Photo by Scott Judy / ENR
The VA issued its second cure notice in six months to Brasfield & Gorrie, the prime contractor for the nearly $300-million Orlando hospital project.

A $300-million veterans hospital project in Orlando that has been dubbed a "multimillion-dollar debacle" for cost and schedule overruns faces the potential for further delay after Birmingham, Ala.-based Brasfield & Gorrie received its second threat of contract termination in January.

The U.S. Dept. of Veterans Affairs (VA) would not make the second Notice to Cure publicly available, as it did for the first notice issued last June. But spokeswoman Josephine Schuda indicated the same issues were still plaguing the project, namely Brasfield & Gorrie's "failure to diligently pursue work, have sufficient workforce on-site to meet the extended contract completion date of summer 2013 and deficiency in the quality of work."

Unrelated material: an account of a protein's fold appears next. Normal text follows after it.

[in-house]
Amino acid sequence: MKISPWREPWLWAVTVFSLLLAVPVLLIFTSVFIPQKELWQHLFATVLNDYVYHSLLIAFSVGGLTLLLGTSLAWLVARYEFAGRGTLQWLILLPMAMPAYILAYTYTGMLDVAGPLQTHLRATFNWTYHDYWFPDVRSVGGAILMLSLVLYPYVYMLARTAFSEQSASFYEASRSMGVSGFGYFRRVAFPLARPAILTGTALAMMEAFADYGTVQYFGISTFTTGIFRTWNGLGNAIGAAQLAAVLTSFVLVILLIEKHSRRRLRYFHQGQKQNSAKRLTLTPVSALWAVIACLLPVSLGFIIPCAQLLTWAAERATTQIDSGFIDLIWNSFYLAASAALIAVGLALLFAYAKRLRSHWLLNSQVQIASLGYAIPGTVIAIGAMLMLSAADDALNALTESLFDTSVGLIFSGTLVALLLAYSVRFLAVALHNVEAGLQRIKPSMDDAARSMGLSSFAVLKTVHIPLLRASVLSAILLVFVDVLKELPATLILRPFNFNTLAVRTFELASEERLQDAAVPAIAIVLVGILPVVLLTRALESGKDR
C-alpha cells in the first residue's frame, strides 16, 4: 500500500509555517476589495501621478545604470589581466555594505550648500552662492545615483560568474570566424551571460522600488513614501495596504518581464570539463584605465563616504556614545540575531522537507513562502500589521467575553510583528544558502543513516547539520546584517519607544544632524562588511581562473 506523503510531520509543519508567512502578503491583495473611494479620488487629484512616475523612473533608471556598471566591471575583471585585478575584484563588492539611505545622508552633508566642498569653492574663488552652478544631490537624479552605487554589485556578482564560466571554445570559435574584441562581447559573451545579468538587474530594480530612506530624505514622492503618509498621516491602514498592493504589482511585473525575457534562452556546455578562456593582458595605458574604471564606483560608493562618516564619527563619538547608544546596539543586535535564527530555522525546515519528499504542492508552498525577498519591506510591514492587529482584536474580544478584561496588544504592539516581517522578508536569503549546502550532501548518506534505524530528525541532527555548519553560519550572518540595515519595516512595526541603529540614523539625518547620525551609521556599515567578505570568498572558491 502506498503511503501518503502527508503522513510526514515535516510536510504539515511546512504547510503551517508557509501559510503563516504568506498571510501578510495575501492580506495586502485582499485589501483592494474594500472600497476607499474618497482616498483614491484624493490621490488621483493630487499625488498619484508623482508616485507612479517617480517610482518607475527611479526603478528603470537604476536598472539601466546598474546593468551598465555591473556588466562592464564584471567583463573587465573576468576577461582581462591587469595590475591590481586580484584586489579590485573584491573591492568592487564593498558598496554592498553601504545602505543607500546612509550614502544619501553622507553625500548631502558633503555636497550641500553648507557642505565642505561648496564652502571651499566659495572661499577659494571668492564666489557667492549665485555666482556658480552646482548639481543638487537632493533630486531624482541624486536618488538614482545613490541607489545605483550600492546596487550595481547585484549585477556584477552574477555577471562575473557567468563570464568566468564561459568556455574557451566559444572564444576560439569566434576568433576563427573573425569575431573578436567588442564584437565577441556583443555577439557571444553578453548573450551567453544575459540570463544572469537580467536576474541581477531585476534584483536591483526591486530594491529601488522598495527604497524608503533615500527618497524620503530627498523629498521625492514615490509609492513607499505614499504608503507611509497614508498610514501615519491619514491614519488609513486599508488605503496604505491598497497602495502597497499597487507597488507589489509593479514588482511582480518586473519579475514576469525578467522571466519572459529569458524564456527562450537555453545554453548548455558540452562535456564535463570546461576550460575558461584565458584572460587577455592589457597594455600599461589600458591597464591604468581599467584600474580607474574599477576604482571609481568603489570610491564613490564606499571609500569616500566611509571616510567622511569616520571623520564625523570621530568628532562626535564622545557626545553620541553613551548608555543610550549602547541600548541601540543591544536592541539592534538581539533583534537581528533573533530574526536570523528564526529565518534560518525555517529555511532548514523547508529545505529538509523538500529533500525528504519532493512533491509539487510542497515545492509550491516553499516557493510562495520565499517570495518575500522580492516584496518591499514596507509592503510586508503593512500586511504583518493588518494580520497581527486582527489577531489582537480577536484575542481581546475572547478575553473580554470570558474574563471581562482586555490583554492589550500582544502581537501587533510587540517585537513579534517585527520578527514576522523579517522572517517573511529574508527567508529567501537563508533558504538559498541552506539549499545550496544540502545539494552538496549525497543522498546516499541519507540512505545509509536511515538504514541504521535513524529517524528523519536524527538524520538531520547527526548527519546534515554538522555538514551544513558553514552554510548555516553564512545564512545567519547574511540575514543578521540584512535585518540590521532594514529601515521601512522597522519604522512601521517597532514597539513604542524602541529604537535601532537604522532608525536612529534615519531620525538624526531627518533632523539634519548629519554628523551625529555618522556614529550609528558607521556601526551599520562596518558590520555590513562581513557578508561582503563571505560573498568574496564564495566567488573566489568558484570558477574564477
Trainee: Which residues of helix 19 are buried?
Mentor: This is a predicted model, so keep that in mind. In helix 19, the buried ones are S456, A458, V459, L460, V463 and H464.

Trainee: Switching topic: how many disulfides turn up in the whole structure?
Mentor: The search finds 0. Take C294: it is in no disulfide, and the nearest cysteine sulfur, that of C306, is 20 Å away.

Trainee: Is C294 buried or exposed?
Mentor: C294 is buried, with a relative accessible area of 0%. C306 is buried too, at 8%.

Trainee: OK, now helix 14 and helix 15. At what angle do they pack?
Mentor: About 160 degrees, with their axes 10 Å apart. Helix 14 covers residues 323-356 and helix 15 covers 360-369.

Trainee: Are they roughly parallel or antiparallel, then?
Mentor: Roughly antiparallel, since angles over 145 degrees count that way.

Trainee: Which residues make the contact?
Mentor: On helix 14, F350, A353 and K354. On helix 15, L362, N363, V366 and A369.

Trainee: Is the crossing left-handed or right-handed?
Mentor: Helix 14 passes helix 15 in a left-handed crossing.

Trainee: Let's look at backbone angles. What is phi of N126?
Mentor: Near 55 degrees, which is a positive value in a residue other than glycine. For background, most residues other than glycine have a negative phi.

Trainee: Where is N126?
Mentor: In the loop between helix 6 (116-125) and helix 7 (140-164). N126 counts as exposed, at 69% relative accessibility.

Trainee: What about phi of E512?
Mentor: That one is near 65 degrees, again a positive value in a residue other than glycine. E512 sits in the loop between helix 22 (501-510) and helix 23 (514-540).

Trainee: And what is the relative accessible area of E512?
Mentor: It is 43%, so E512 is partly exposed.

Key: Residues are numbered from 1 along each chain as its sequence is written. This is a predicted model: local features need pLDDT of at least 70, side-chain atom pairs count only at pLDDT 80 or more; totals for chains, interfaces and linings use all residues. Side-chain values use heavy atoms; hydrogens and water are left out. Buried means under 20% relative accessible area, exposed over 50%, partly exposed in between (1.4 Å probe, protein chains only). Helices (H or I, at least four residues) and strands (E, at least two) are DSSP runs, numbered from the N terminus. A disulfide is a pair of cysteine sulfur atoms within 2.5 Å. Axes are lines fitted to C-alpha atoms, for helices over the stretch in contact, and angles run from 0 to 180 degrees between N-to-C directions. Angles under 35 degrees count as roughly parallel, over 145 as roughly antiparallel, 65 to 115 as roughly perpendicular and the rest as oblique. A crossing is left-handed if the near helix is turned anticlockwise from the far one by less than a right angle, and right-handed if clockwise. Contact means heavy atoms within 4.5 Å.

In response, the contractor would only confirm that it had responded to the cure notice.

The agency awarded to B&G a contract to build the 1.2-million-sq-ft, 134-bed facility in September 2010, with completion originally set for October 2012. The VA now says the "extended contract completion date" is Aug. 8, 2013.

Last year, the problems on the project—which centered on design changes related to electrical drawings and medical-equipment selection—degenerated into a public dispute between the parties. Last August, Rep. Jeff Miller (R-Fla.), chairman of the U.S. House Committee on Veterans Affairs, convened a field hearing in Orlando to get some answers about the project he termed a "debacle."

During the hearing, VA resident engineer Bart Bruchok said the project was roughly 60% complete and called a summer 2013 completion "achievable." But B&G CEO Jim Gorrie argued the project was only about 45% complete and estimated final completion at November 2014, saying it would take a "ton of effort" to finish the project by as early as November 2013.

Currently, the VA estimates that "less than 30%" of the project remains to be built. But neither the VA nor B&G would state whether they now agree about the schedule.

The VA says terminating B&G would delay the project by at least six months. But Schuda says the VA wants to avoid that scenario and that its contracting office "anticipates ... a mitigation plan to ensure timely completion of the project."